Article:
by Casie Bazay

Natural Treatments for Gas Colic in Horses

Natural Treatments for Gas Colic in Horses

There’s nothing like the word ‘colic’ to strike fear in the hearts of horse owners. After all, it is the number one medical killer of horses worldwide. However, the term colic technically encompasses many different conditions with a variety of causes. Colic simply refers to abdominal pain, which could take place in multiple gastro-intestinal organs and vary in severity and prognosis. 

Of all the different types of equine colic, gas colic, also known as spasmodic colic, tends to be one of the milder forms. It’s also one of the most common forms of colic in horses. 

When gas builds up in the intestines, it causes the gut wall to expand, leading to mild to moderate pain for the horse. The pain is caused by repetitive intestinal spasms. The good news is that gas colic is usually resolved fairly easily. 

However, occasionally, a large build up of gas can cause the colon to move from its normal place within the abdomen, leading to impaction colic, where the intestines become blocked. Gas colic may also lead to a twist in the colon that requires emergency surgery. Therefore, gas colic should always be taken seriously.

What Causes Gas Colic in Horses?

Gas colic occurs when the microbes in the colon produce excessive gas. This often happens when there are dietary changes or when the horse is consuming highly fermented feeds.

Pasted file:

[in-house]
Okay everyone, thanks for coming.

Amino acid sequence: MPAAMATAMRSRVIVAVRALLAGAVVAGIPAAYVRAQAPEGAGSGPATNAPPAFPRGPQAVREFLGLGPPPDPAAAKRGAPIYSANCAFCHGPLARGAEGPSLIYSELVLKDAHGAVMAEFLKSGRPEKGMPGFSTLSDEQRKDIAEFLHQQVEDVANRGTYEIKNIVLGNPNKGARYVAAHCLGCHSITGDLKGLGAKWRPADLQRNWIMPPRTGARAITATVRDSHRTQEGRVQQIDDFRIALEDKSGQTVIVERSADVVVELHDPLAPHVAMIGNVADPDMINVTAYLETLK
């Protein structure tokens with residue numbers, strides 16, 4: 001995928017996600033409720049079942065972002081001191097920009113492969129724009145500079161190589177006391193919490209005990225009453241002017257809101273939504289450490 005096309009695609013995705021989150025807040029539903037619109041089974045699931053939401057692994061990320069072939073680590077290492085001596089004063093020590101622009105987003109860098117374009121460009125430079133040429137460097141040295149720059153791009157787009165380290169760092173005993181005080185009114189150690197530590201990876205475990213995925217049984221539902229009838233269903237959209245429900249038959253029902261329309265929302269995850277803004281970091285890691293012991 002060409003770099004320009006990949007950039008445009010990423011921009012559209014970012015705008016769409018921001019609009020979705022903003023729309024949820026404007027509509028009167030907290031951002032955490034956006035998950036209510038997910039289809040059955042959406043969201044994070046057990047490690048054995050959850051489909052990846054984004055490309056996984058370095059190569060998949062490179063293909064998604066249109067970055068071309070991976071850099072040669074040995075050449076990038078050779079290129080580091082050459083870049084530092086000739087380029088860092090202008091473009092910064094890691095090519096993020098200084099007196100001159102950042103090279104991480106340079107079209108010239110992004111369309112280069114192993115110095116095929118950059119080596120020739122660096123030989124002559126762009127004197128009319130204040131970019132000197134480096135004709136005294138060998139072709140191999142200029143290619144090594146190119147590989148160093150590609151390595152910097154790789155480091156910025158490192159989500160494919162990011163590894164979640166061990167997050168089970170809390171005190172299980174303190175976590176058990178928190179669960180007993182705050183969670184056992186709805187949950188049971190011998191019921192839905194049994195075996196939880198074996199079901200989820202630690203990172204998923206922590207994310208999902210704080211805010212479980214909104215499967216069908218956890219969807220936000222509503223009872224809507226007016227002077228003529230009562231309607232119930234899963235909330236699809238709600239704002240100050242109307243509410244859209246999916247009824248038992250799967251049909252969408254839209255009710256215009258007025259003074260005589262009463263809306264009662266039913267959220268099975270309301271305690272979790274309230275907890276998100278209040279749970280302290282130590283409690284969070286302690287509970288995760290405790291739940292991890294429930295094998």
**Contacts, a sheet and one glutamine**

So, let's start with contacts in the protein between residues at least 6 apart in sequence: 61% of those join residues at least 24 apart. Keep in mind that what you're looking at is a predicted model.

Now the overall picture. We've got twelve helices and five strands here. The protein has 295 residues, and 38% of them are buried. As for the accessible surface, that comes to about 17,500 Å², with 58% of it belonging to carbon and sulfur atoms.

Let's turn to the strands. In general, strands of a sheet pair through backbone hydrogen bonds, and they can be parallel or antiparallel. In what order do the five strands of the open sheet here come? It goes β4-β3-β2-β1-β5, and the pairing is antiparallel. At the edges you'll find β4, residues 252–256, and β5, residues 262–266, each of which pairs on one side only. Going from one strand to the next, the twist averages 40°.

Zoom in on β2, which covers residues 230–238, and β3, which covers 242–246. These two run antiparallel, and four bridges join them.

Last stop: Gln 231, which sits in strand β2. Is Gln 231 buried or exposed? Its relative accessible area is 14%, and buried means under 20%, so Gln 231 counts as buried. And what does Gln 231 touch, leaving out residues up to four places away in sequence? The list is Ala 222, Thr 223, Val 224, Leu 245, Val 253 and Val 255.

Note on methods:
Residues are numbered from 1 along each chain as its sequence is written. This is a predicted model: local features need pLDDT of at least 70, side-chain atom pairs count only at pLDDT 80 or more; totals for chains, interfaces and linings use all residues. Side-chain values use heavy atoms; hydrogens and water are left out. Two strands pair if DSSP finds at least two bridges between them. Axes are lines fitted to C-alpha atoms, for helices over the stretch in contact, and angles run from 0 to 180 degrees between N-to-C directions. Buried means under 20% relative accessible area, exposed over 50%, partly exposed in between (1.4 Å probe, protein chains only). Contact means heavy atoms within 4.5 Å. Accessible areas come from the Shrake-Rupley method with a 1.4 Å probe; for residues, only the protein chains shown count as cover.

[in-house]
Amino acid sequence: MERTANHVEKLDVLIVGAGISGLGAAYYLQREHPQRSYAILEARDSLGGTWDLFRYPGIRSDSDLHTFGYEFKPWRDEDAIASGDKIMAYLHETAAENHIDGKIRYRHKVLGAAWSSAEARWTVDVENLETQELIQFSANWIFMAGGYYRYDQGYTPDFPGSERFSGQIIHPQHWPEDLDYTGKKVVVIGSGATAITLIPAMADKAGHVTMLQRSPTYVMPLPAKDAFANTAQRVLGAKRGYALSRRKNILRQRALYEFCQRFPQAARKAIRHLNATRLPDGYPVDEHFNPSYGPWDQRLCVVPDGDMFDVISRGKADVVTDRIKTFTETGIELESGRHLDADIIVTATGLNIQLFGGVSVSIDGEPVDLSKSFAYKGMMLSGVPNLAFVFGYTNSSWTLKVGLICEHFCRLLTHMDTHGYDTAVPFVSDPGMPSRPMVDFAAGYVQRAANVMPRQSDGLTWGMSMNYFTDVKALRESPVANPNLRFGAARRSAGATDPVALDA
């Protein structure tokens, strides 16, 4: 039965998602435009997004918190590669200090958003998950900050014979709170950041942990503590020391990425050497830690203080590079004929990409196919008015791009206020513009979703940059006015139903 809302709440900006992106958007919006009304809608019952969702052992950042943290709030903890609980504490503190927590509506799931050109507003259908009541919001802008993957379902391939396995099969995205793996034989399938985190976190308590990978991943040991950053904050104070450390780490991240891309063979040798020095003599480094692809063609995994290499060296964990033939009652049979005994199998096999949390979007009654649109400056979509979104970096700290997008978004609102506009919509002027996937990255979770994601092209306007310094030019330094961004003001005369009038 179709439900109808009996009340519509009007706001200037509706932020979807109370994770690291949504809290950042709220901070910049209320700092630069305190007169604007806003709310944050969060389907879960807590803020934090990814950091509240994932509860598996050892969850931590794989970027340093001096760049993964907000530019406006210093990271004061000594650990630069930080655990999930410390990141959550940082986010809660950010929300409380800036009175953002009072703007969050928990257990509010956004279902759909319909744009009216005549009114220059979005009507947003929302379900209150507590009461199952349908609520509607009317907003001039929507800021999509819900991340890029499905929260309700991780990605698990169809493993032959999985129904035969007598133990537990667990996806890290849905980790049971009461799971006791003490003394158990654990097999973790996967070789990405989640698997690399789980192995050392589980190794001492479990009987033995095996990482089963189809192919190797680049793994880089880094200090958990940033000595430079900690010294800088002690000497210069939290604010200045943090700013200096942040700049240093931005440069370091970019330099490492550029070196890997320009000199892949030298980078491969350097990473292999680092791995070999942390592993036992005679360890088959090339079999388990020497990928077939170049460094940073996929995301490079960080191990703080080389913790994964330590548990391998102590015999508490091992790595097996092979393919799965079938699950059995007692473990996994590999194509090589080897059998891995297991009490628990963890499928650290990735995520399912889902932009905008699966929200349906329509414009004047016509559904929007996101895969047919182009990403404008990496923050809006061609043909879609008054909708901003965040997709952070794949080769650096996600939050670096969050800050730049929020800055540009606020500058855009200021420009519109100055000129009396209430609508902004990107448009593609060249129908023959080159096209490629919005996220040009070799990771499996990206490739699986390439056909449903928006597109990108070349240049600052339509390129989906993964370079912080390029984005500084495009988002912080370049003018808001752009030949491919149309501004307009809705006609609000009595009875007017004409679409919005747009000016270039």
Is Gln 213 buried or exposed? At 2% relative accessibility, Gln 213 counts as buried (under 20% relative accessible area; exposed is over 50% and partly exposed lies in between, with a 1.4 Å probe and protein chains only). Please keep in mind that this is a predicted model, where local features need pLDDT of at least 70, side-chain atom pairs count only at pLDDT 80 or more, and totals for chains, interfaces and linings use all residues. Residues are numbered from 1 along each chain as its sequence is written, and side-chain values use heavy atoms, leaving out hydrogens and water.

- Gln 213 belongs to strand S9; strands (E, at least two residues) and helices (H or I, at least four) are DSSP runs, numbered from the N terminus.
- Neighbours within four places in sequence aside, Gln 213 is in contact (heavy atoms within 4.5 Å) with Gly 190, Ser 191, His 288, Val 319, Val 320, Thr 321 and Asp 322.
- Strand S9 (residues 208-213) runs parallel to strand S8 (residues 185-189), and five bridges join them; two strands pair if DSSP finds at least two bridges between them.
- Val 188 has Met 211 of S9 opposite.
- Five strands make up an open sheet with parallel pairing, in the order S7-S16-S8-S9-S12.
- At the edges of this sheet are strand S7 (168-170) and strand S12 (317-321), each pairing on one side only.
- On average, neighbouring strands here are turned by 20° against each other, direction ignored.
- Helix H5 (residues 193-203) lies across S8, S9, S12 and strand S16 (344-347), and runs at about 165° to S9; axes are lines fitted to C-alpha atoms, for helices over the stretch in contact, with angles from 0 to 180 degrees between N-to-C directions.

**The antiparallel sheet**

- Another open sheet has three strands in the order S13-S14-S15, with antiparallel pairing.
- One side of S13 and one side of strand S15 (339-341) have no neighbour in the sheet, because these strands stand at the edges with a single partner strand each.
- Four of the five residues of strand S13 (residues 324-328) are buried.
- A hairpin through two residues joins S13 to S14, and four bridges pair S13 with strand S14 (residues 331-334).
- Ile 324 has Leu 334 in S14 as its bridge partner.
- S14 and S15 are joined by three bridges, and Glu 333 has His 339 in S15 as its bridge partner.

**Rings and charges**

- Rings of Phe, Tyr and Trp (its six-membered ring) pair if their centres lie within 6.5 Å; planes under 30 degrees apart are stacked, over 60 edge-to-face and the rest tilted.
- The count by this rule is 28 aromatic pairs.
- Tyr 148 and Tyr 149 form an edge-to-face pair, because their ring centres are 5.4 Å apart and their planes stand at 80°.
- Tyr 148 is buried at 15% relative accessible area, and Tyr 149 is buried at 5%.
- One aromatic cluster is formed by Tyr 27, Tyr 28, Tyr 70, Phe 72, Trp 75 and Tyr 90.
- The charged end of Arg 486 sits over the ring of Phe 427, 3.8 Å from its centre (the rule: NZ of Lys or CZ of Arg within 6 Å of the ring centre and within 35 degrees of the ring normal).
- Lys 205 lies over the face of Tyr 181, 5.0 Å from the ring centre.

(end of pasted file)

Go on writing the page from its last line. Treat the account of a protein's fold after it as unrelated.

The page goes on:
Some of the most common causes of gas colic include:

  • Sudden changes in feed. This could include a change in concentrates, hay, or even changing pastures. 
  • Consumption of high-NSC grasses or hays. For example, grazing in pastures with high clover content or after sudden, lush growth 
  • An impaction which prevents the normal passing of gas through the GI tract
  • Inadequate forage consumption. This usually occurs in stalled or dry-lotted horses that are only fed two hay feedings per day 
  • Gastrointestinal ulcers'Inadequate exercise

Signs of Gas Colic in Horses

Colic is nearly always evident by its symptoms, and most horse owners become attuned to these symptoms over time and with experience. The signs of gas colic are similar to other types of colic.